Good et al v. California Dept. of Corrections et al

Filing 53

ORDER GRANTING 46 Motion to Dismiss signed by Magistrate Judge Jennifer L. Thurston on 9/29/2011. CASE CLOSED. (Sant Agata, S)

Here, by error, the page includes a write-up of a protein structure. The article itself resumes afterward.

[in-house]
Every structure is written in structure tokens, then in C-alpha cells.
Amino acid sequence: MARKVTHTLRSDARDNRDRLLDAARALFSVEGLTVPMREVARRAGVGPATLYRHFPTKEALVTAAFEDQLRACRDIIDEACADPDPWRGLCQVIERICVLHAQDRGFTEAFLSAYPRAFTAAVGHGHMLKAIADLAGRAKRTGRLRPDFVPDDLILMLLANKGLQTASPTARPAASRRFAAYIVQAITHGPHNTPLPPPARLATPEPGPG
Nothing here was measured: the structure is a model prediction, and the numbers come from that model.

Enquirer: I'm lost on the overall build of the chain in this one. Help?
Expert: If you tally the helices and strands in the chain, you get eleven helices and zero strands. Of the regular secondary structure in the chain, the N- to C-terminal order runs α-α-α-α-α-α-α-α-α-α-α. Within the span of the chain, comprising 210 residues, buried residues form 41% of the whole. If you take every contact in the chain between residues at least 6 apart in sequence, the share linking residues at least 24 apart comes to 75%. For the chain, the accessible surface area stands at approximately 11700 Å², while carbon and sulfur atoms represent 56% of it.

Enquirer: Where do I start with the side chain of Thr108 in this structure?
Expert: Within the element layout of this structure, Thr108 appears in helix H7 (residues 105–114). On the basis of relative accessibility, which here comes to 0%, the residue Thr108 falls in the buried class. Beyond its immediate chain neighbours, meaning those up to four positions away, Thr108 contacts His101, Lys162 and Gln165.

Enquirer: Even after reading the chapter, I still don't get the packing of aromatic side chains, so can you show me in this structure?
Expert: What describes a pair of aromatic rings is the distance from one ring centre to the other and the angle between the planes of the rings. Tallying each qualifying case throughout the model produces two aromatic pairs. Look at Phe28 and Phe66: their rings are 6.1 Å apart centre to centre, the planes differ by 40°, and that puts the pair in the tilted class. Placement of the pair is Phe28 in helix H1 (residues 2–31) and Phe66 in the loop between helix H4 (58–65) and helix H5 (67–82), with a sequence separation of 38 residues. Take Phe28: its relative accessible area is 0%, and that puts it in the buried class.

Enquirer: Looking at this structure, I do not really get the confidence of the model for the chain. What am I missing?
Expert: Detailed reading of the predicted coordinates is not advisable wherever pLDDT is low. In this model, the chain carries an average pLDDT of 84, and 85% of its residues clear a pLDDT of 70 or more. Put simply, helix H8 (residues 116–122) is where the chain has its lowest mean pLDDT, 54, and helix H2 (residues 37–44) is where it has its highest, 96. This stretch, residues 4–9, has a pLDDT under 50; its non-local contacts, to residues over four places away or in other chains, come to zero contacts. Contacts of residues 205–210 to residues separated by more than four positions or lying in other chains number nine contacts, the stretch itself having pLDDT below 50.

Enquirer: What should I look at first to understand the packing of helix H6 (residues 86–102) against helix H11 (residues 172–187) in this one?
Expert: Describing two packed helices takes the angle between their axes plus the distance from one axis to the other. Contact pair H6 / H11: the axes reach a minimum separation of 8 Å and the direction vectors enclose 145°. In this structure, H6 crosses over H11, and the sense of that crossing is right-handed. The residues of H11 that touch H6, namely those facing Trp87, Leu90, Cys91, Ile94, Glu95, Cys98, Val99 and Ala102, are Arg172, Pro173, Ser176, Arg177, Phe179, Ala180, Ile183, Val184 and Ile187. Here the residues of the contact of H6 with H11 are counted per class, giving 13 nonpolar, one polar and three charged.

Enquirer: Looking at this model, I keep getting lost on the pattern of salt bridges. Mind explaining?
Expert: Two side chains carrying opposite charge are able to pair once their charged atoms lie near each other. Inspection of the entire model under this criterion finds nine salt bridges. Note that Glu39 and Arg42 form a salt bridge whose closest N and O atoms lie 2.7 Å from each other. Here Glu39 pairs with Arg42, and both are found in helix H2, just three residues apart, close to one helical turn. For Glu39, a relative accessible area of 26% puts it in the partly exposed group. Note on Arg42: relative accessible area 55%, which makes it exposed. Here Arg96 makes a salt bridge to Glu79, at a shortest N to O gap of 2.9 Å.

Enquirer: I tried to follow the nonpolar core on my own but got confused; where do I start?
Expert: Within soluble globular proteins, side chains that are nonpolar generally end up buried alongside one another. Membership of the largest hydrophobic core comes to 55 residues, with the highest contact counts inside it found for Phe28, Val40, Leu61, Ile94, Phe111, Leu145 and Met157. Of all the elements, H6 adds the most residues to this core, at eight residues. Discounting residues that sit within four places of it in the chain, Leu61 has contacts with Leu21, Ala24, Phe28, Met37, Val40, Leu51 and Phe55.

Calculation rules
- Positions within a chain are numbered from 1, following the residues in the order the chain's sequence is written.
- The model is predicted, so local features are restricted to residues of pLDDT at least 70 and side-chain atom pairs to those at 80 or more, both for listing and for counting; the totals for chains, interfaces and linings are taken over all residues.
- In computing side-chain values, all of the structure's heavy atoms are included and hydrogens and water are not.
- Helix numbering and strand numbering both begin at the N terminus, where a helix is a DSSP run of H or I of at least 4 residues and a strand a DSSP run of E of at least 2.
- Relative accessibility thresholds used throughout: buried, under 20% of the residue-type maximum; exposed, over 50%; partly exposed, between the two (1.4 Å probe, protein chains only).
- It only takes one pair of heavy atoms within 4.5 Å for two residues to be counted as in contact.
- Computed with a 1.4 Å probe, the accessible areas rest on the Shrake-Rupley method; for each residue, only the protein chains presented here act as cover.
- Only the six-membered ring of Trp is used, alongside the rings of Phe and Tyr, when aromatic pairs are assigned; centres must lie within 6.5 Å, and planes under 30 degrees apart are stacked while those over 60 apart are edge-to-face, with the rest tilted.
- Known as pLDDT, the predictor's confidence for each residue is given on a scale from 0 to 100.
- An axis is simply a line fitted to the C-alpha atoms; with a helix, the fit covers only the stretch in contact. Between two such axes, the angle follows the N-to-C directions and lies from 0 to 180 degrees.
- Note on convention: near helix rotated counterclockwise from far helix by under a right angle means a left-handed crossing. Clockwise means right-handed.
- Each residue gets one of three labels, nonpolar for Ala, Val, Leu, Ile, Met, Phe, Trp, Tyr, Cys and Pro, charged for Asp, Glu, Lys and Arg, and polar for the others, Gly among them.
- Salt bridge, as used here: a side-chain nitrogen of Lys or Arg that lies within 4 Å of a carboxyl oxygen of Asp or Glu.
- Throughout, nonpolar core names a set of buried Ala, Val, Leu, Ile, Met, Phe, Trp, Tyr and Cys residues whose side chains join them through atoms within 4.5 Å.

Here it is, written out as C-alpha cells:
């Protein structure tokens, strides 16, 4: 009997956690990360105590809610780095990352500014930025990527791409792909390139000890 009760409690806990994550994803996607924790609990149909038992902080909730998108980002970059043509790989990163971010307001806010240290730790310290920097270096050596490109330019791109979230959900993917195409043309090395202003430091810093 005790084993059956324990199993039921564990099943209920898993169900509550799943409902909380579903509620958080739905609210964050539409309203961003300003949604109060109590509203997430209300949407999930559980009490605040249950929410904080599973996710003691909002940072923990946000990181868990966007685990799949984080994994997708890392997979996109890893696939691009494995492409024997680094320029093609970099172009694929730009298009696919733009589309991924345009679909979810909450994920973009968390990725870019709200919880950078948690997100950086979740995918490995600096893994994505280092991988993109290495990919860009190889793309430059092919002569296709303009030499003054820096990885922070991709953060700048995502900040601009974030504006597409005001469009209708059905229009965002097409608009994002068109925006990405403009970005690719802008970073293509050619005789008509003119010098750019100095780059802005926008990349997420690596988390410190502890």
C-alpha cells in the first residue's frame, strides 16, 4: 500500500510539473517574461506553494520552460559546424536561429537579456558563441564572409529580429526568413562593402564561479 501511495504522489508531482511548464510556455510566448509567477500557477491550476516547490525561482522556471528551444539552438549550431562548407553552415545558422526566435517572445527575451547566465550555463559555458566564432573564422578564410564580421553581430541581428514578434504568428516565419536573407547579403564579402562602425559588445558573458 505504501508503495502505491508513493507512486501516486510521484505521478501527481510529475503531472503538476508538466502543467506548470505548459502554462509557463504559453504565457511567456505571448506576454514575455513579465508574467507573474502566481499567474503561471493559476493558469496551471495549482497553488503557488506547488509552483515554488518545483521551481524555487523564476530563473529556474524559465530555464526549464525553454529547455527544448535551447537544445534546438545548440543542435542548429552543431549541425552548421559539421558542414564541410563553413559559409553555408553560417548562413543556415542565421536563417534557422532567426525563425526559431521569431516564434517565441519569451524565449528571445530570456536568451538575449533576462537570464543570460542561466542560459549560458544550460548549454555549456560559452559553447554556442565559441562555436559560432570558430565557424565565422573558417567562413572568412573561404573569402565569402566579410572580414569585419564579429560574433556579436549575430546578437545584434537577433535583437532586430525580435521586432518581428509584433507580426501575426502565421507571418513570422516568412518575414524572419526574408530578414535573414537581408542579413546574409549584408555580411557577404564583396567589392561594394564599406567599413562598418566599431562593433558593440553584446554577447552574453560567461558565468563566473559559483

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1 2 3 4 5 6 7 8 IN THE UNITED STATES DISTRICT COURT FOR THE 9 EASTERN DISTRICT OF CALIFORNIA 10 11 12 13 14 15 16 JOHN GOOD, ) ) Plaintiff, ) ) vs. ) ) CALIFORNIA DEPARTMENT OF ) CORRECTIONS, et al., ) ) Defendants. ) _______________________________________ ) Case No. 1:09-cv-01791-JLT (PC) ORDER GRANTING MOTION TO DISMISS (Doc. 46) 17 Plaintiff is a state prisoner proceeding pro se and in forma pauperis with a civil rights action pursuant 18 to 42 U.S.C. § 1983. Pending before the Court is Defendant’s July 15, 2011 motion to dismiss that alleges 19 that Plaintiff failed to exhaust administrative remedies. (Doc. 45) Plaintiff has filed an opposition to the 20 motion. After careful consideration of the submitted papers and the entire record in this case, the Court 21 GRANTS the motion to dismiss. 22 I. 23 Background In this case, the Court has found cognizable two causes of action. (Doc. 32 at 5, 7) In one, 24 Plaintiff alleges that Defendants Trayham and Kelly deprived him of regular showers. Id at 5. In the 25 other, Plaintiff alleges that Defendants Trayham, Kelly and Remdez threatened him if he continued to 26 file 602 inmate grievances. Id. at 7. In this regard, Plaintiff alleges that on April 23, 2009, Defendant 27 Remdez “said if I 602 anything else there would be hell to pay. (Doc. 31 at 7) He alleges that “On May 28 12th [2009] I was called to program office. Sgt. Kelly threw my 602 Inmate grievance in a shredder and 1 told me not to file another one for Health and Safety conditions.” Id. Finally, on May 20, 2009, Plaintiff 2 alleges that, Defendant Trayham, either directly or indirectly, told Plaintiff “to drop my complaining 3 about living conditions or suffer reprisals.” Id. at 8. Plaintiff remained at CCI until June 6, 2009 when 4 he was transferred to another state prison. Id. 5 Defendants assert that Plaintiff failed to file a grievance related to the two issues raised in his 6 complaint. (Doc. 46) Defendants argue that Plaintiff filed only two appeals in 2008 and 2009 and both 7 concerned his medical care and delays in receiving medication. Id. at 5. Along with their motion, 8 Defendants provide the declaration of K. Sampson, the Litigation Coordinator for the California 9 Correctional Institute, in Tehachapi, California, where Plaintiff is housed. (Doc. 46-1.) Sampson attests 10 that CCI records all appeals filed by inmates and also maintains a database of all appeals that were 11 screened out. Id. at 1. Sampson reports that Sampson conducted a search of these records and found 12 that Plaintiff filed two appeals during 2008 and 2009. Id. at 2. Both of these appeals related to concerns 13 over the medical care provided to Plaintiff and his complaints about not receiving his medications in a 14 timely fashion. Id. Records attached to Sampson’s declaration detail that Plaintiff filed three appeals on 15 January 21, 2009, but because they were triplicates, two were screened out. (Doc. 46-3) 16 Sampson declares that from July 1, 2009 through July 1, 2009, CCI received 21 appeals that were 17 received with 19 being assigned to a first level review and 3 to a second level review. (Doc. 46-1) 18 Thirty-eight appeals were screened out. Id. All of these appeals originated from inmates housed with 19 Plaintiff in Housing Unit 1, Level 3 yard. Id. at 3. 20 Defendants also provide the declaration of D. Foston, who is the Chief of the Office of Appeals 21 for the CDCR. (Doc. 46-3.) Foston declares, that Foston conducted a thorough search of the appeal 22 files maintained by the Office of Appeals. Id. at 2. Foston reports that the search yielded no third level 23 appeal filed by Plaintiff from 2008 through September 2011, related to the issues raised in this litigation. 24 Id. 25 Plaintiff argues that his appeal, detailed on Exhibit 2 to Defendants’ motion as Log Number CCI- 26 0-09-00100 and received on January 21, 2009, raised issues related to his complaints over being 27 deprived of showers and other hygiene issues and his concerns over staff conduct. (Doc. 48) Plaintiff 28 does not provide a copy of this grievances but has attached numerous documents to his First Amended 1 2 Complaint which detail the content of Plaintiff’s 602 grievances. (Doc. 31 at 9-51) On one sheet, Plaintiff details all of the grievances that he asserts he submitted but were not 3 logged by CCI. (Doc. 31 at 51) The complaints relate to being forced to eat from makeshift tables made 4 from trash cans, the condition of the inmate’s mattresses, the time limits placed on using the law library, 5 inadequate supplies and missing property after a cell search. Id. Only one grievance, filed on April 9, 6 2009, described as “Staff Misconduct” is arguably related to the issues of this lawsuit. Id. However, 7 review of the other documents filed by Plaintiff reveals that this complaint is not related to this litigation 8 but, instead, to claims that staff members were throwing away Plaintiff’s grievances. Id. at 10, 11, 12,18. 9 On April 16, 2009 and April 20, 2009, Plaintiff filed an “Inmate Request for Interview.” (Doc. 10 31 at 10, 11, 12) In each, respectively, Plaintiff listed his earlier grievances that he claimed that he filed 11 and set forth descriptions of each earlier grievance including “being fed off unsanitary trash cans as 12 makeshift tables,” “health & safety violations” and “health & safety violations and mattresses that arent 13 [sic] all there or badly contaminated.” Id. Plaintiff did not assert that any of the grievances complain 14 about a lack of regular showers or that he was threatened by a staff member. 15 On May 6, 2009, Plaintiff filed another “Inmate Request for Interview.” (Doc. 31 at 13-14) In 16 this request, Plaintiff decried the 602 process and outlined his previous grievances relating to “unsanitary 17 conditions,” “Health & Safety violations and unsanitary partial mattress.” Id. at 14. He reported that on 18 that same day, he was submitting a new 602 regarding “602 time limits/staff misconduct [regarding[ the 19 602 not getting logged.” Id. Again, he did not claim that any of the grievances were about the lack of 20 regular showers or that he was threatened by a staff member. 21 On May 14, 2009, Plaintiff wrote a letter to the Appeals Coordinator, K. Sampson in which 22 Plaintiff further described what he believed was staff members throwing away his grievances. (Doc. 31 23 at 49-50) In the letter, he reported to Sampson that he submitted two 602s on May 13, 2009; one which 24 complained about the failure to provide regular programs and yard time and the other which complained 25 about the quality of the inmate’s mattresses. Id. at 49. In conclusion to the letter, Plaintiff emphasized 26 that he had to complain to outside agencies about the conditions at CCI which included complaints about 27 “being in a total lockdown inviorment, no shower, no yard, no programs, no church, I was being feed of 28 unsanitary trash cans used as plumber waste can/spit patoon/trash. I sleep on a partial mattress thats 1 lump/smells of urin & shit and it aint a whole mattress.” Id. at 50. Thus, this is the first report in which 2 Plaintiff mentions the issue of the irregular shower schedule but does not contend that he filed any 602 3 inmate grievances related thereto. 4 Though there is no evidence that Plaintiff complained about the lack of regular showers in any 5 602 submission, it is clear that he complained to others outside of CCI on this topic. For example, on or 6 about April 26, 2009, Plaintiff wrote to the Office of Internal Affairs in which he complained about the 7 conditions at CCI and the failure of staff members to properly process 602s. (Doc. 31 at 24-26). 8 Plaintiff reported that he filed four previous grievances on these topics; the first in December 2008, the 9 second in late December 2008, the third was on or around February 3, 2009 and the fourth was on March 10 18, 2009. Id. at 24. Plaintiff asserted that each of these grievances related to “unsanitary conditions 11 related to food health & safety violation comitted by staff” and for staff members throwing away his 12 602s. Id. 13 In the letter to IA, Plaintiff requested assistance with the conditions including being forced to eat 14 off makeshift tables made from trash cans, “numorous Health & Safety Issues” including being forced to 15 use unsanitary food trays, being permitted to shower only every 5 to 8 days, inadequate and unsanitary 16 mattresses and staff members “spraying pepr spray for complaining of mattresses that are not sleep-able 17 and the Sgt who picks up the 602 to log them but instead destroys the 602 if it deals with Health & 18 Safety violations.” (Doc. 31 at 25) 19 to IA, he does not assert that he submitted a 602 grievance related to this topic or that any staff member 20 threatened him about filing 602s. 21 Once again, though Plaintiff mentions the lack of regular showers Again, on April 29, 2009, the Office of the Omsbudsman responded to a complaint lodged with 22 that office by Plaintiff in which he complained that “food is being served in an unsanitary manner, . . . 23 the mattresses are unsanitary, . . . [Plaintiff had] medical concerns and . . . [Plaintiff was] unable to get to 24 the law library. (Doc. 31 at 9) Plaintiff does not mention a lack of showers or that any staff member 25 threatened him in an attempt to dissuade him from submitting 602s. 26 On May 27, 2009, the Inmate Appeals Branch responded to a complaint Plaintiff made to that 27 office. (Doc. 31 at 18) In this letter, the IAB writes, “This is in response to your correspondence 28 received by the Inmate Appeals Branch (IAB) on May 7, 2009, stating that you have submitted numerous 1 appeals regarding unsanitary trashcans being used as make shift tables to serve food; mattresses are only 2 1/16th of a mattress or are rust covered, moldy, or smell of urine, showers every five to eight days on 3 good days or ten to fifteen days apart on lock downs. You state that institution staff are throwing away 4 your appeals.” This is the only complaint to an outside agency in which he claims that he submitted a 5 602 related to lack of showers. Notably, again, he does not mention that any staff member threatened 6 him as described in the complaint. 7 III. 8 9 EXHAUSTION REQUIREMENT Section 1997e(a) of the Prison Litigation Reform Act (“PLRA”) provides that “[n]o action shall be brought with respect to prison conditions under section 1983 of this title, or any other Federal law, by 10 a prisoner confined in any jail, or other correctional facility until such administrative remedies as are 11 available are exhausted.” 42 U.S.C. § 1997e(a). Prisoners are thus required to exhaust all available 12 administrative remedies prior to filing suit. Jones v. Bock, 549 U.S. 199, 211 (2007); McKinney v. 13 Carey, 311 F.3d 1198, 1199-1201 (9th Cir. 2002). Exhaustion of administrative remedies is mandatory 14 regardless of the relief offered by the process, Booth v. Churner, 532 U.S. 731, 741 (2001), and applies 15 to all prisoner suits relating to prison life. Porter v. Nussle, 534 U.S. 516, 532 (2002). 16 In order to properly exhaust administrative remedies, an inmate must comply with the prison’s 17 deadlines and other critical procedural rules. Woodford v. Ngo, 548 U.S. 81, 93 (2006). In California, 18 the Department of Corrections and Rehabilitation has established an administrative grievance system for 19 prisoner complaints. See Cal. Code. Regs, tit. 15 § 3084.1 (West 2009). Prisoners may appeal any 20 departmental decision, action, condition or policy perceived by those individuals as adversely affecting 21 their welfare. Id. at § 3084.1(a). The process is initiated by a prisoner submitting a CDCR Form 602, 22 which is also known as an “inmate appeal.” Id. at § 3084.2(a). The inmate appeal typically proceeds 23 through four levels of review: an informal level, the first formal level, the second formal level, and the 24 third formal level, also known as the “Director’s Level.” Id. at § 3084.5. A final decision from the 25 Director’s Level of review typically satisfies the exhaustion requirement under § 1997e(a). See, e.g., 26 Barry v. Ratelle, 985 F. Supp. 1235, 1237-38 (S.D. Cal. 1997). 27 28 The exhaustion requirement is not jurisdictional, but rather creates an affirmative defense that a defendant may raise in a non-enumerated Rule 12(b) motion. Wyatt v. Terhune, 315 F.3d 1108, 1117-19 1 (9th Cir. 2003). The defendant bears the burden of raising and proving the absence of exhaustion. Id. at 2 1119. In deciding the motion, “the court may look beyond the pleadings and decide disputed issues of 3 fact.” Id. If the court concludes that the prisoner has not exhausted all of his available administrative 4 remedies, “the proper remedy is dismissal of the claim without prejudice.” Id. at 1120. If a complaint 5 contains exhausted and unexhausted claims, “the court proceeds with the good and leaves the bad.” 6 Jones, 549 U.S. at 221. 7 IV. DISCUSSION 8 A. 9 The Court first determines whether Plaintiff submitted a grievance regarding the lack of regular 10 showers at CCI and that staff members threatened him if he filed any 602 grievances. After a review of 11 Plaintiff’s records detailing his own 602 submissions, it appears Plaintiff did not submit a 602 grievance 12 related either to the failure to receive regular showers or the threats by CCI staff. As noted above, 13 Plaintiff submitted his own records with his First Amended Complaint that detail that none of his 602 14 grievances related to these issues. (Doc. 31 at 10, 11, 12, 31, 51) Instead, all concerned Plaintiff’s 15 protests about the cleanliness of the food trays, the use of trash cans as makeshift tables, the quality and 16 condition of his mattress and library access. Id. at 51. Though it is clear that Plaintiff complained about 17 the lack of showers outside of the 602 process to the Office of Internal Affairs and the Inmate Appeals 18 Branch, the fact remains that even he admits that he did not grieve the failure to provide regular showers. 19 Woodford, 126 S. Ct. at 2387 (The PLRA requires “proper exhaustion” of available administrative 20 remedies.) 21 Exhaustion On the other hand, the issue related to staff threats made to dissuade him from submitting 22 additional 602 grievances, is more troubling. However, despite the alleged threats made on April 23, 23 2009 and May 12, 2009, Plaintiff continued to regularly file 602 grievances after the threats but none 24 mentioned that staff members had threatened him. (Doc. 31 at 51) There is no evidence that Plaintiff 25 filed a grievance after the threats made on May 18, 2009 but Plaintiff does not allege that this was due to 26 any threat. Id at 8. To the contrary, Plaintiff contends that the 602 grievance he submitted on January 27 11, 2009 including the two issues raised in this litigation. (Doc. 48 at 1) However, not only does this 28 contention contradict his own documents (Doc. 31 at 10, 11, 12, 31, 51), it is inconsistent with 1 Defendant’s evidence and it was filed before the alleged threats occurred. (Doc. 31 at 7-8) Accordingly, 2 the Court finds that Plaintiff has not exhausted a grievance regarding the lack of regular showers or the 3 threats by prison staff. 4 B. 5 Because Plaintiff did not exhaust his administrative remedies, the Court must now determine Exceptions to Exhaustion 6 whether Plaintiff should be excused from the exhaustion requirement. Plaintiff appears to argue that he 7 should be excused from his failure to exhaust administrative remedies because “Defendant threatened 8 [him], causing [him] to fear filing any grievance[s] . . . .” (Doc. 42 at 1.) 9 The Ninth Circuit has held that an inmate may be excused from the exhaustion requirement if 10 circumstances rendered administrative remedies “effectively unavailable.” Sapp v. Kimbrell, 623 F.3d 11 813, 822 (9th Cir. 2010) (citing Nunez v. Duncan, 591 F.3d 1217, 1226 (9th Cir. 2010)). Although the 12 Ninth Circuit has never explicitly ruled on whether threats by prison officials may render administrative 13 remedies unavailable such that an inmate need not exhaust them, the Ninth Circuit has noted that other 14 circuits have. See Sapp, 623 F.3d at 823. For example, in Turner v. Burnside, 541 F.3d 1077 (11th Cir. 15 2008) the Eleventh Circuit acknowledged that a prison official’s threat of retaliation against an inmate 16 for filing grievances could render administrative remedies unavailable where: (1) the threat actually did 17 deter the inmate from filing a grievance; and (2) the threat is one that would have deterred a reasonable 18 inmate of ordinary firmness from filing a grievance. Id. at 1085. 19 Using the Eleventh Circuit’s framework in Turner as guidance, the Court finds that Plaintiff’s 20 administrative remedies were not rendered unavailable. Considering Turner’s second factor first, a 21 reasonable inmate of ordinary firmness would not have been deterred from filing a grievance under the 22 circumstances faced by Plaintiff. Plaintiff alleges that he was threatened three times about submitting 23 addition 602 grievances. However, despite this, Plaintiff regularly submitted 602 grievances but failed 24 to raise the issue related to denial of showers or staff threats. (Doc. 51) 25 Thus, it seems clear that Plaintiff was not cowed by any threat and freely exercised his right to 26 submit grievances. Moreover, even if he was afraid to file any further grievances after the May 20, 2009 27 threat and while still housed at CCI, there is no explanation for his failure to file a grievance once he 28 arrived at his new housing at SATF on June 6, 2009. (Doc. 31 at 8) In any event, as noted above, 1 Plaintiff does not contend that he failed to submit a grievance out of fear of retaliation. Instead, he 2 claims that his January 21, 2009, grievance covered these topics. (Doc. 48 at 1) As discussed above, the 3 Court disagrees. 4 This leads the Court back to Turner’s first factor. The record clearly demonstrates that Plaintiff 5 was not actually deterred from lodging a grievance on the relevant topics. Thus, against this backdrop, 6 Plaintiff’s bald assertion that the matter is not barred by his failure to exhaust his administrative 7 remedies as required by the PLRA, is not persuasive. Accordingly, the Court concludes that Defendant’s 8 threats did not impede or preclude Plaintiff from filing a grievance and exhausting his administrative 9 remedies. Because administrative remedies were not rendered “unavailable,” Plaintiff should not be 10 excused from his failure to exhaust and this action should be dismissed. 11 C. 12 As the Ninth Circuit has previously explained, “If the district court concludes that the prisoner Dismissal Without Prejudice 13 has not exhausted nonjudicial remedies, the proper remedy is dismissal of the claim without prejudice.” 14 Wyatt, 315 F.3d at 1120. 15 V. CONCLUSION 16 Accordingly, the Court ORDERS: 17 1. Defendant’s July 15, 2011 motion to dismiss (Doc. 46) is GRANTED; and 18 2. This action is DISMISSED WITHOUT PREJUDICE. 19 20 IT IS SO ORDERED. 21 Dated: September 29, 2011 9j7khi 22 23 24 25 26 27 28 /s/ Jennifer L. Thurston UNITED STATES MAGISTRATE JUDGE